129. 24 points - Marvel Team-Up (Claremont/Byrne)
Although not as famous or acclaimed as their seminal run on X-Men (or maybe even their run on Iron Fist), 70s and 80s super-creators Chris Claremont and John Byrne also spent a one-year run together overseeing some of Spider-Man's adventures in Marvel Team—Up, issues #59-70.
In the mighty Marvel manner, while MTU stories normally didn't have much significant impact on Spidey's ongoing stuff, CC and JB did make sure to impact and/or make reference to the continuity of his guest-stars and the greater Marvel U, particularly the characters CC featured that he was also writing elsewhere. As examples, their first two issues featured and tried to elevate a once-used minor villain named Equinox, "killing" Yellowjacket and boosting the Wasp's power levels. They followed this up with a two-parter featuring the Human Torch and newbie hero Ms. Marvel vs. Super-Skrull (which concluded with a subplot item which was continued in Claremont's Ms. Marvel book), and a two-parter with Iron Fist and the Daughters of the Dragon which tidied up the last loose plot threads from CC & JB's just-cancelled Iron Fist book and showed Fist's long-awaited victory over Steel Serpent. The run also included Spidey's teaming up with Tigra to tackle Kraven, with Man-Thing to conquer D'Spayre, and concluded with a two-parter featuring Havok and Thor toppling the Living Monolith.
However, the clear highlight of this run was the duo's introduction of the third greatest villain in Marvel history, Arcade (just behind Dr. Doom and Batroc zee Leapair, obviously). The diabolical master assassin and gaming genius made his first appearance in the middle of this run, taking his first of many shots at the Amazing Spider-Man in his masterpiece of madness, Murderworld. This first attempt at bagging the bug was thwarted however, by Spidey and his guest-star, also making his first appearance in Marvel proper, Captain Some-backward-country-where-everyone-has-bad-teeth-and-spells-color-wrong.
Claremont wrote several more issues before and after this run, and even teamed with Byrne two more times (as plotter on issue #75 and script-monkey to Byrne's plots and pencils on issue #80, where MJ Watson was turned into Red Sonja to fight Kulan Gath...yes it's EXACTLY how it sounds), but these 12 consecutive issues are the primary run. Second in quality only to the later run on this book by J.M. DeMatteis, this span of MTU is highly recommended for anybody who likes late 70s Marvel.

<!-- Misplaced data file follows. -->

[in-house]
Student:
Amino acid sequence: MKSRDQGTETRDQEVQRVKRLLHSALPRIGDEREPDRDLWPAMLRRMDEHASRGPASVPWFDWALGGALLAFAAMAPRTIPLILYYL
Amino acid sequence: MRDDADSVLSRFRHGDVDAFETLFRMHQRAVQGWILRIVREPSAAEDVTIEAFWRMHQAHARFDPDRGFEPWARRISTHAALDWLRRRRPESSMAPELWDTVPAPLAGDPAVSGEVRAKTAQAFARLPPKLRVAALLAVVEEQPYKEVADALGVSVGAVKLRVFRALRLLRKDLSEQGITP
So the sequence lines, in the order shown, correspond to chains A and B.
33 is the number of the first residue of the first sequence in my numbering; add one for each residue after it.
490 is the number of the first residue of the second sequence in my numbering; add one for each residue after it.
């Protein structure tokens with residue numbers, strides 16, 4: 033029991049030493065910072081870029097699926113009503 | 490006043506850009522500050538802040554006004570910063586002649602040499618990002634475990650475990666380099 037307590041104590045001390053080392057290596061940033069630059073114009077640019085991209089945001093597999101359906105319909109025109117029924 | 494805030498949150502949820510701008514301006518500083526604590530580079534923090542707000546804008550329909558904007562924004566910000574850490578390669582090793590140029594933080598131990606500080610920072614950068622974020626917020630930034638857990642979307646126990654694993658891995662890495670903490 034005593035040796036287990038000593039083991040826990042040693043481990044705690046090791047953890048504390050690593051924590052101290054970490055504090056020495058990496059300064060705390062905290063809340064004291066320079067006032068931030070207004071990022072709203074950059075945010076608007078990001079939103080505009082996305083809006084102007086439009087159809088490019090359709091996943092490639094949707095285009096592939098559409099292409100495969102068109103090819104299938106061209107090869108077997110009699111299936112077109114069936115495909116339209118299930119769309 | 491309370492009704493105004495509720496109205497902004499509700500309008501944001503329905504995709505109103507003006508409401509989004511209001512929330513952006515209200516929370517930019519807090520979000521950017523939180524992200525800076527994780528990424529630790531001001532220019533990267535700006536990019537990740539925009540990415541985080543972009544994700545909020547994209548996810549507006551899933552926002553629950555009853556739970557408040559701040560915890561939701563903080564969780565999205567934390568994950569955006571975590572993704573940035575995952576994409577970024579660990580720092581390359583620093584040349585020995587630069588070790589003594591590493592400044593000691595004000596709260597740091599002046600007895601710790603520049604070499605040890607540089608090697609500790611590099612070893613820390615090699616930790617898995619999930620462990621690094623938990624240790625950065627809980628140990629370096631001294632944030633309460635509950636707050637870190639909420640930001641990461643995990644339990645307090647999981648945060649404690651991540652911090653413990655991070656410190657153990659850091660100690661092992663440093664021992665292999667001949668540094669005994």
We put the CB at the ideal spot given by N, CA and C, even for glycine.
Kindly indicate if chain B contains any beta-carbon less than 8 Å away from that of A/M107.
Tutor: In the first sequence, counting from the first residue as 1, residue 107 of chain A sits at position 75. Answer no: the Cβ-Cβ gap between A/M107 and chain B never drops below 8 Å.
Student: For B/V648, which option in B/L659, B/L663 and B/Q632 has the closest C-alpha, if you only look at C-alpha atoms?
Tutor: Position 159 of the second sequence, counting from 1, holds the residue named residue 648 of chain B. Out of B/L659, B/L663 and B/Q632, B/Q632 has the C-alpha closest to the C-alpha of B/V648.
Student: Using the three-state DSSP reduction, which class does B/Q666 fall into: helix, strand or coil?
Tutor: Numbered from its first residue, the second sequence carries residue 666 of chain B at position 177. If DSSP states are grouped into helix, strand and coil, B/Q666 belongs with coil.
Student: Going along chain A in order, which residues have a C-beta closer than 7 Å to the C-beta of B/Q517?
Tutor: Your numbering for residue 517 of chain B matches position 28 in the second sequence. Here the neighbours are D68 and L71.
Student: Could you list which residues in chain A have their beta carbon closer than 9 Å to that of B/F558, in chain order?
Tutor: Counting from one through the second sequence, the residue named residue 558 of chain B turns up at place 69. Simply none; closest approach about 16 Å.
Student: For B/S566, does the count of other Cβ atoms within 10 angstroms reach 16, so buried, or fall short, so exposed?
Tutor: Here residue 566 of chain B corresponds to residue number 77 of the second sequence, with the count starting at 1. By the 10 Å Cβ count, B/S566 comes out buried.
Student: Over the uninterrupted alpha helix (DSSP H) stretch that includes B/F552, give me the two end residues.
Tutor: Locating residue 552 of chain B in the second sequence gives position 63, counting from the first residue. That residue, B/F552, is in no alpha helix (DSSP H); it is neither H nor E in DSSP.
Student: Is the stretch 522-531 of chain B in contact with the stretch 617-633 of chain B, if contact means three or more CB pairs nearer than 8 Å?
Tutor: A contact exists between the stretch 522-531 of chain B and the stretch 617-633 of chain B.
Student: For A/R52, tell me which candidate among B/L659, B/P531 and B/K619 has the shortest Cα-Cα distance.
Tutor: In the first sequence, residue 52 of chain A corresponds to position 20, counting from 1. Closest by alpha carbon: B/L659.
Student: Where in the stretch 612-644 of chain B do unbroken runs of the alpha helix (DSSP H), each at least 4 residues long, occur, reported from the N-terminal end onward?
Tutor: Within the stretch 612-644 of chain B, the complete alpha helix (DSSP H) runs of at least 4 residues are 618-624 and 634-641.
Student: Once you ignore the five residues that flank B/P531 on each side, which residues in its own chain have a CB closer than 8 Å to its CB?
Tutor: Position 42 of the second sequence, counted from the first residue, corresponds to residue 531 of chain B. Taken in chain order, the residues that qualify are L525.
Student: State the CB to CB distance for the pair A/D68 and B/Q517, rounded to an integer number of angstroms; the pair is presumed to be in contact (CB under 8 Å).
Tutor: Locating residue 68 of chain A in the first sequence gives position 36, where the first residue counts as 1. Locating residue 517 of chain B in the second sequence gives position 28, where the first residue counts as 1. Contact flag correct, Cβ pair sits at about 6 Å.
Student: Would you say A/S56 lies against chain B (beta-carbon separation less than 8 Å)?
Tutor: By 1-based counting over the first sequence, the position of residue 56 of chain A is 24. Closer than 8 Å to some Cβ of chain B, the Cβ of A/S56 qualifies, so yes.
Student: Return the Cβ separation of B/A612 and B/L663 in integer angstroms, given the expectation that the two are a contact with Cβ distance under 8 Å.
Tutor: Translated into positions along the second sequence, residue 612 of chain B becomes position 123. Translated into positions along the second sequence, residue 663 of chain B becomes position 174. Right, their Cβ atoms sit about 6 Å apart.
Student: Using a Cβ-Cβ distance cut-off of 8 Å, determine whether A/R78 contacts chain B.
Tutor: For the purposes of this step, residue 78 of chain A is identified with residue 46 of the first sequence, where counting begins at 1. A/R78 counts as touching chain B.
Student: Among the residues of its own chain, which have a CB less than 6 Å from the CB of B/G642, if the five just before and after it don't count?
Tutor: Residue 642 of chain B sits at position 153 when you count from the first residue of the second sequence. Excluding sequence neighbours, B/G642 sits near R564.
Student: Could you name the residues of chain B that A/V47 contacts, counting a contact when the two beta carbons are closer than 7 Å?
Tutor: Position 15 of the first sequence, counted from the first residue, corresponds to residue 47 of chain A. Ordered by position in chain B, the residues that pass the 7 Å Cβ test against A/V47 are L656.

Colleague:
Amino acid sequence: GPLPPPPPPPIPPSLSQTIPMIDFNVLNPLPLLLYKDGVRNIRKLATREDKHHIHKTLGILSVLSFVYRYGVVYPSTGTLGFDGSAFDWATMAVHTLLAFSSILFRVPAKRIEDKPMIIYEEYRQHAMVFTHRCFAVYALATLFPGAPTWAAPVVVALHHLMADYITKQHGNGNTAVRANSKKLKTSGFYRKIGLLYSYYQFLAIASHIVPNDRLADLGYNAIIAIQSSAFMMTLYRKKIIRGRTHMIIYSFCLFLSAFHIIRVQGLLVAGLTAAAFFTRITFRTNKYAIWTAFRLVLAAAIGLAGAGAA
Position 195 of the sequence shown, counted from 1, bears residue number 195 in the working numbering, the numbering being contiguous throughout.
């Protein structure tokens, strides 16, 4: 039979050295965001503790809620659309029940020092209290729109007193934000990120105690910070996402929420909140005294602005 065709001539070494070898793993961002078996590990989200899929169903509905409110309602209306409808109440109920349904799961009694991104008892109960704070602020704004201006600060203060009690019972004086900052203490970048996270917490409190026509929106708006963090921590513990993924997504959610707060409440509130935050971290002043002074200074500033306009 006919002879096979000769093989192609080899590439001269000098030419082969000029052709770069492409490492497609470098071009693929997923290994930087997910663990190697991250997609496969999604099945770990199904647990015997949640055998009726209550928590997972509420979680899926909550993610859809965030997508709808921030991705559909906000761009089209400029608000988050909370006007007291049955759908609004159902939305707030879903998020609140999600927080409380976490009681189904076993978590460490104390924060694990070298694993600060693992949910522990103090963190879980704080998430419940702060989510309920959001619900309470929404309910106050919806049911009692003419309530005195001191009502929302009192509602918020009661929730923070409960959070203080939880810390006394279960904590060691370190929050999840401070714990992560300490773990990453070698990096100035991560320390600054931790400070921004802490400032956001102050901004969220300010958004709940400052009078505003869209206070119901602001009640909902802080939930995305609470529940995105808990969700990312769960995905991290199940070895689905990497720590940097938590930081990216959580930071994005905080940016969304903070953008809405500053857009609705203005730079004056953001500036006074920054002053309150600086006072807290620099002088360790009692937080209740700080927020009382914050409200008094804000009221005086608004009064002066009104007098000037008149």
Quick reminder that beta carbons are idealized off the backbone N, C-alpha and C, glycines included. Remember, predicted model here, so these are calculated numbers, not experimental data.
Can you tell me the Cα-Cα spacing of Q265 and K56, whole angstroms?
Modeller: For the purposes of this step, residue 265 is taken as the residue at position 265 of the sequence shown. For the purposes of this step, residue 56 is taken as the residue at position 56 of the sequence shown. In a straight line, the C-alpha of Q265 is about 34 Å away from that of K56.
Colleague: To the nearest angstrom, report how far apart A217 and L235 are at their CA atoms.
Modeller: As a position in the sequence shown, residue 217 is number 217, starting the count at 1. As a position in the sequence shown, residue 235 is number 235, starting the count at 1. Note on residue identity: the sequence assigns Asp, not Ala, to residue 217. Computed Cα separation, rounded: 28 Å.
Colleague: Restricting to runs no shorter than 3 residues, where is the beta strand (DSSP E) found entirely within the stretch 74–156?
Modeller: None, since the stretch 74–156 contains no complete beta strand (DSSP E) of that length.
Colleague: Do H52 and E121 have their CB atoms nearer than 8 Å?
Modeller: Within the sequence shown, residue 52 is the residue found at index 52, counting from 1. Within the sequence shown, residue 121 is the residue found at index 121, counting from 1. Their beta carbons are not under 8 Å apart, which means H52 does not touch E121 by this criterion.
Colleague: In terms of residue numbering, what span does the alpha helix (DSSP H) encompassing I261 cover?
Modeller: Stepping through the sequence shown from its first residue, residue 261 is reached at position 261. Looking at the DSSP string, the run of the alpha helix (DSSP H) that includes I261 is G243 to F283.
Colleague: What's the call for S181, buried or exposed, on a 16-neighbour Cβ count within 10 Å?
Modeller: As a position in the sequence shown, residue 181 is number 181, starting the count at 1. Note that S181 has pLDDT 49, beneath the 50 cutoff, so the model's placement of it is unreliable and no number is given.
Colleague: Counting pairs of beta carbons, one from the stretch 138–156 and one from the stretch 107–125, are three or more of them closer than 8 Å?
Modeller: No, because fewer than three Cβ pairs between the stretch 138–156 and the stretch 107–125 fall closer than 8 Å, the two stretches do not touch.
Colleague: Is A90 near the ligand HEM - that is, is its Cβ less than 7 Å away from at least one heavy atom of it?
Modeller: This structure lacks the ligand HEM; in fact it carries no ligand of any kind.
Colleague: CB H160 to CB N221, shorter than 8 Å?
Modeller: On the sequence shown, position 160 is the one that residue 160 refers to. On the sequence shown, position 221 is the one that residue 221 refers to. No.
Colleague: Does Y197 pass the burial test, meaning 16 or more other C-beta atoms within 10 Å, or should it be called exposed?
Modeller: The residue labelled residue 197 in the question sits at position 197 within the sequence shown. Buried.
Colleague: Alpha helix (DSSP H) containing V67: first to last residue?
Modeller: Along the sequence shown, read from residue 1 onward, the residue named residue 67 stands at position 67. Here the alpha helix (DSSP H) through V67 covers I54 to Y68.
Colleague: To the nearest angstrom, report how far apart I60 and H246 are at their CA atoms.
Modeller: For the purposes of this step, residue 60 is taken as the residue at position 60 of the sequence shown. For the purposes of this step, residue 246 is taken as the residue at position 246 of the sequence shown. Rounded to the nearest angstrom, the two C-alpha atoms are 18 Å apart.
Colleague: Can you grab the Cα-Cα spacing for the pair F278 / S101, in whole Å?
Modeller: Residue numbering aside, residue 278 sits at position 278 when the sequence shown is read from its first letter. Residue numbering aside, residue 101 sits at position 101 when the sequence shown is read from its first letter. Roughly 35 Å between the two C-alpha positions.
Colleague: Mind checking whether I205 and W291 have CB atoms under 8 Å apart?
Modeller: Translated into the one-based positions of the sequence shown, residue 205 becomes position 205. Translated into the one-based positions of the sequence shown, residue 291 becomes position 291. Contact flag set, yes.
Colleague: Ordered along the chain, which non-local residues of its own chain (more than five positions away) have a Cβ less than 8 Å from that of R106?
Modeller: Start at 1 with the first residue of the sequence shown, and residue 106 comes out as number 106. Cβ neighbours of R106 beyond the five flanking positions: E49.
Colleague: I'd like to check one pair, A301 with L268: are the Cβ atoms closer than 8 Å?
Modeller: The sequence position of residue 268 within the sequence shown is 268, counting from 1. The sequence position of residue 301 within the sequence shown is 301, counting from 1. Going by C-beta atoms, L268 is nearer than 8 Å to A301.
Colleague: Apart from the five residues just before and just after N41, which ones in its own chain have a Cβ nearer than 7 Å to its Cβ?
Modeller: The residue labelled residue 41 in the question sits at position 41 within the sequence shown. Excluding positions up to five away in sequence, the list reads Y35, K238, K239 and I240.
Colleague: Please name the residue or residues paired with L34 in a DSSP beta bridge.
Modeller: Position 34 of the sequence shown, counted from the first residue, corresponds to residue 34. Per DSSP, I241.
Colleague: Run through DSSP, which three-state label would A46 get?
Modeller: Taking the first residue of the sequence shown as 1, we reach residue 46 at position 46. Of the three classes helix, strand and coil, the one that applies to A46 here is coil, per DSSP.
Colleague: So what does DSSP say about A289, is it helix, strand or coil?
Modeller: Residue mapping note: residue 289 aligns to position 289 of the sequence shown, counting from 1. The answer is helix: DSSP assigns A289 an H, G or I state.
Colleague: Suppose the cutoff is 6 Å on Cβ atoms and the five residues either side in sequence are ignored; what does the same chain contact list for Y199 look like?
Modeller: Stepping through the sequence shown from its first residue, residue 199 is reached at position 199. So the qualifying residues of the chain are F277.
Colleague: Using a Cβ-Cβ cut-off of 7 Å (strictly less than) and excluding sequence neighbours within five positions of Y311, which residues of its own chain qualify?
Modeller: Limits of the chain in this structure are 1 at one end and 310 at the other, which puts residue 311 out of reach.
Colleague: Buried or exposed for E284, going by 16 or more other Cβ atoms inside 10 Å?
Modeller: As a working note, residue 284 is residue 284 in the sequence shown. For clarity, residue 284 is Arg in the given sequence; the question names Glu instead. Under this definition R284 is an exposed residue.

128. 24 points - Harbinger (Jim Shooter) - 1 first place vote
The first book to get a first place vote was one of the doomed Valiant books, the company Jim Shooter started after leaving Marvel. Shooter wrote the series, while the art was provided by David Lapham, The series was about people with abilities, called Harbingers, that were being sought out by a guy named Toyo Harada in his bid to take over the world and create a utopia.
He finds out that there's another guy that has just as much power as him and attempts to recruit him, a kid named Pete. Pete realizes Harada is fairly evil and willing to do just about anything to reach his goals, so Pete heads out looking to build up an army of powered people capable of stopping Harada. Shooter was forced out of not only the book, but the company, however the book went on to run for quite a while after that, ending at issue #41.
127. 25 points - Booster Gold (Jurgens)
Dan Jurgens created Booster Gold in 1986 and wrote him for the first 25 issues of his solo series. Booster was a time traveler from the future, a disgraced athlete caught up in a betting scandal, who craved attention and glory, so he stole some stuff from a superhero museum and traveled back in time to the present day along with a robot named Skeets that had historical records of disasters and crimes that Booster could use to be a hero.
His sister followed him, but was killed, leaving Booster in a state of shock. He then creates a company in her memory, but it's run bankrupt by the Manhunters during the Millenium event. Booster signs various movie deals, commercial endorsements, and is usually seen as a fool or worse by his fellow heroes, but despite this he was recruited to join the JLA (that team shows up a bit later on), where he's given a chance to shine.
While most people credit the JLI team for most of Booster's growth and personality, Jurgens set the stage in this series. Jurgens recently had a run on the current Booster Gold, which was also pretty fun.
Comment without an Outhouse Account using Facebook
Note: while you are welcome to speak your mind freely on any topic, we do ask that you keep discussion civil between each other. Nasty personal attacks against other commenters is strongly discouraged. Thanks!